I do not recall ever seeing esse in any form used with active present participles (like faciens). One could imagine something similar to the English distinction between "he does" and "he is doing" in Latin: facitfaciens est. I do not claim that one could use faciens est like "he is doing"; I just guess that if faciens est can be used at all, it might have a roughly similar meaning. Or perhaps it would simply be a synonymous alternative to facit.

Was esse ever used with active present participles in Latin? If yes, how did it differ from a plain indicative (eg. dicens sum vs. dico)? If you think such use never existed, please explain why you think so.

  • 7
    This is quite common in the Vulgate: "erat praedicans" < "ἦλθεν κηρύσσων", "erat docens" < "ἦν διδάσκων". The Latin is probably just imitating a Greek construction, which is talked about in this article
    – brianpck
    Commented Mar 28, 2017 at 15:09
  • @brianpck That comment would work well as an answer, too.
    – Joonas Ilmavirta
    Commented Mar 29, 2017 at 20:26
  • It worth to mention a frequent classical phrase: audiens esse dicto alicui. but it might be audiens is considered to be a substantive .
    – d_e
    Commented Jun 5, 2021 at 11:04

3 Answers 3


I think that the four examples from Ovid given by blagae are not quite relevant to the question raised by the OP: all of them can be argued to show a clearly adjectival behavior and are not infrequent at all in Classical Latin. It is not correct to say, as blagae does, that these examples "occur sporadically". One can apply the typical tests to them in order to show their adjectival status (e.g. their compatibility with comparative and superlative degrees, etc.). These examples are not so different from typical ones like the following one from Caesar, where the adjectival behavior of florens is obvious. Examples like semper appetentes gloriae fuistis are indeed very frequent in Classical Latin and their adjectival nature is indisputable.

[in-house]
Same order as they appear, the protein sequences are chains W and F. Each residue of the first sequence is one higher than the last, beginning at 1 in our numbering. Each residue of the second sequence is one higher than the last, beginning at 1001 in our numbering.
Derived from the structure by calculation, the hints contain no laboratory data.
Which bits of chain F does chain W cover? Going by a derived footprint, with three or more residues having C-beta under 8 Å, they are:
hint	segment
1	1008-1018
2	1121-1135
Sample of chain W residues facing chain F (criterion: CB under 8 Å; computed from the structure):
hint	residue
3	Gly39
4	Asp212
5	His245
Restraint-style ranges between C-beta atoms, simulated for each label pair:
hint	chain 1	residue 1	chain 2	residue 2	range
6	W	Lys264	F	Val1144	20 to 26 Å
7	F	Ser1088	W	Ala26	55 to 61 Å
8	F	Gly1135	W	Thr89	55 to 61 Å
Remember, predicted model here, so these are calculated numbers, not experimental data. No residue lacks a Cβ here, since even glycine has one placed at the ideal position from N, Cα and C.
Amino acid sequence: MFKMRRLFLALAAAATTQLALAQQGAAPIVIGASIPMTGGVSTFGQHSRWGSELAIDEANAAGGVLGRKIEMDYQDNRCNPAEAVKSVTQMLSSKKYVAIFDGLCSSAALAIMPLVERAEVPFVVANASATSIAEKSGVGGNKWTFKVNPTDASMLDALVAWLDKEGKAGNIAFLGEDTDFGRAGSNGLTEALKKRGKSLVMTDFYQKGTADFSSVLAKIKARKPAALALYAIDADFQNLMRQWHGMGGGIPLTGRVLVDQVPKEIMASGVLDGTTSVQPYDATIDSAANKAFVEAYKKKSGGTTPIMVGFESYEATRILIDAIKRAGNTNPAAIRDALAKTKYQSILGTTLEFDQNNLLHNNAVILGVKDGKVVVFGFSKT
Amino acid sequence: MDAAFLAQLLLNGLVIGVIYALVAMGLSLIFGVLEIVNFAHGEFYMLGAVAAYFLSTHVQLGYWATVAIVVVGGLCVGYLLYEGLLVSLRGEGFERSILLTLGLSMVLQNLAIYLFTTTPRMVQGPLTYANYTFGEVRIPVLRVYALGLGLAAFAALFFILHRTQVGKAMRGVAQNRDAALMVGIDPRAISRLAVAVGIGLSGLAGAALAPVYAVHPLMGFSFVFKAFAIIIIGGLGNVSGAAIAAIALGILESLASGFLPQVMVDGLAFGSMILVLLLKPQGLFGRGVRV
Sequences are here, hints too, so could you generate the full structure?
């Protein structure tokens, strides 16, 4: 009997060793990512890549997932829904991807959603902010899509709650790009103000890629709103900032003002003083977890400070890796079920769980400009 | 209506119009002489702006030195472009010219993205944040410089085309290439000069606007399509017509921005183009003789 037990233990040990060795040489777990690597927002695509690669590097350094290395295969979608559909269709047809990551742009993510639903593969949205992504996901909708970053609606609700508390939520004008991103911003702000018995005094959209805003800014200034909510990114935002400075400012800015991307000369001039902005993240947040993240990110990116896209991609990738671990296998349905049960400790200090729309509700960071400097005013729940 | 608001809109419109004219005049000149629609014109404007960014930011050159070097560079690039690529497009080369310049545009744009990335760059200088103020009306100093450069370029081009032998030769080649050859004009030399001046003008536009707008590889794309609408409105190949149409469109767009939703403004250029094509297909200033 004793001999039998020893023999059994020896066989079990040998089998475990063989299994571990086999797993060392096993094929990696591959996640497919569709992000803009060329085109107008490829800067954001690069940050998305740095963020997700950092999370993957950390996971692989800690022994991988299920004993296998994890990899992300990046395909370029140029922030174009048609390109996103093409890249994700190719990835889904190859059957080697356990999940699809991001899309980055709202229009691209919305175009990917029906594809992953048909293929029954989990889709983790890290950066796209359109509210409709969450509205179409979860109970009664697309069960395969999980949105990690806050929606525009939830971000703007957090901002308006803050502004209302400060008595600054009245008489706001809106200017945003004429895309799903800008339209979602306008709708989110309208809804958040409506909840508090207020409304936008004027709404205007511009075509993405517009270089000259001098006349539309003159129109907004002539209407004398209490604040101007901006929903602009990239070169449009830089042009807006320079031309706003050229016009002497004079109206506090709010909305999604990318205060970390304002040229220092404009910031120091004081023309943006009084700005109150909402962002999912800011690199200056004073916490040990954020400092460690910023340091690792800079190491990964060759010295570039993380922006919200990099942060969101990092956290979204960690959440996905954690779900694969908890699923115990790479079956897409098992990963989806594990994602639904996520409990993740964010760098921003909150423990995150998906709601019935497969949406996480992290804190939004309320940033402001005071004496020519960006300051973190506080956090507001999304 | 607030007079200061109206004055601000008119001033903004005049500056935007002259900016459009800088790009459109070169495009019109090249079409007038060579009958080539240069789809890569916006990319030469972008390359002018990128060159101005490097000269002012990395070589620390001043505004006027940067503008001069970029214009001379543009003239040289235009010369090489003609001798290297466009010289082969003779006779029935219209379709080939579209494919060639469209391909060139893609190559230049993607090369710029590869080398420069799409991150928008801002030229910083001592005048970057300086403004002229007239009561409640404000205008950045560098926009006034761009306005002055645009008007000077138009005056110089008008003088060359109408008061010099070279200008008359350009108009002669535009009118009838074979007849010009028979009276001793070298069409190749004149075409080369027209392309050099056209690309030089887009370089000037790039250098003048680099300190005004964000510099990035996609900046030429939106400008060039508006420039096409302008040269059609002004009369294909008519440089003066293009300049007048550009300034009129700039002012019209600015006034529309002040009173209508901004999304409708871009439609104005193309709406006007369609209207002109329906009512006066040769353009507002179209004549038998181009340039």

Ubii, quorum fuit civitas ampla atque florens (Caes. BG 4,3,3).

I understand that the OP was not really asking for this well-known fact, i.e., the adjectival usage of Latin present participles and their expected compatibility with esse. At least, Joonas's invented examples of copular constructions with verbal present participles like faciens est or dicens sum, which, in my opinion, are ungrammatical in Classical Latin (but see brianpck's comment above on the Latin of the Vulgate) seem to point to a different phenomenon, to a more interesting one or to a less obvious one. More relevant to this issue is the existence of examples like the following one from Cicero, where verbal behavior is indeed involved (cf. the presence of a direct object (aliquid), the participles here cannot be used in their comparative and superlative forms, etc.).

Videtis ut senectus sit operosa et semper agens aliquid et moliens (Cic. Sen. 26)

This example is commented on by Woodcock (1959: 79) in his A New Latin Syntax as follows:

"A participle can be predicated with part of esse without losing its verbal characteristics. It then forms with esse what is almost equivalent to a compound tense of the verb: Cic. de Sen. 26 videtis ut senectus sit operosa et semper agens aliquid et moliens 'You see how old age is laborious and always doing and contriving something.' Here agens and moliens, although they are parallel to the adjective operosa, describe senectus with reference to an activity in which it is engaged as well as to a quality it possesses. Therefore there is enough of the verbal notion present to justify the accusative object aliquid instead of an object genitive alicuius rei. This use of the present participle is not very common".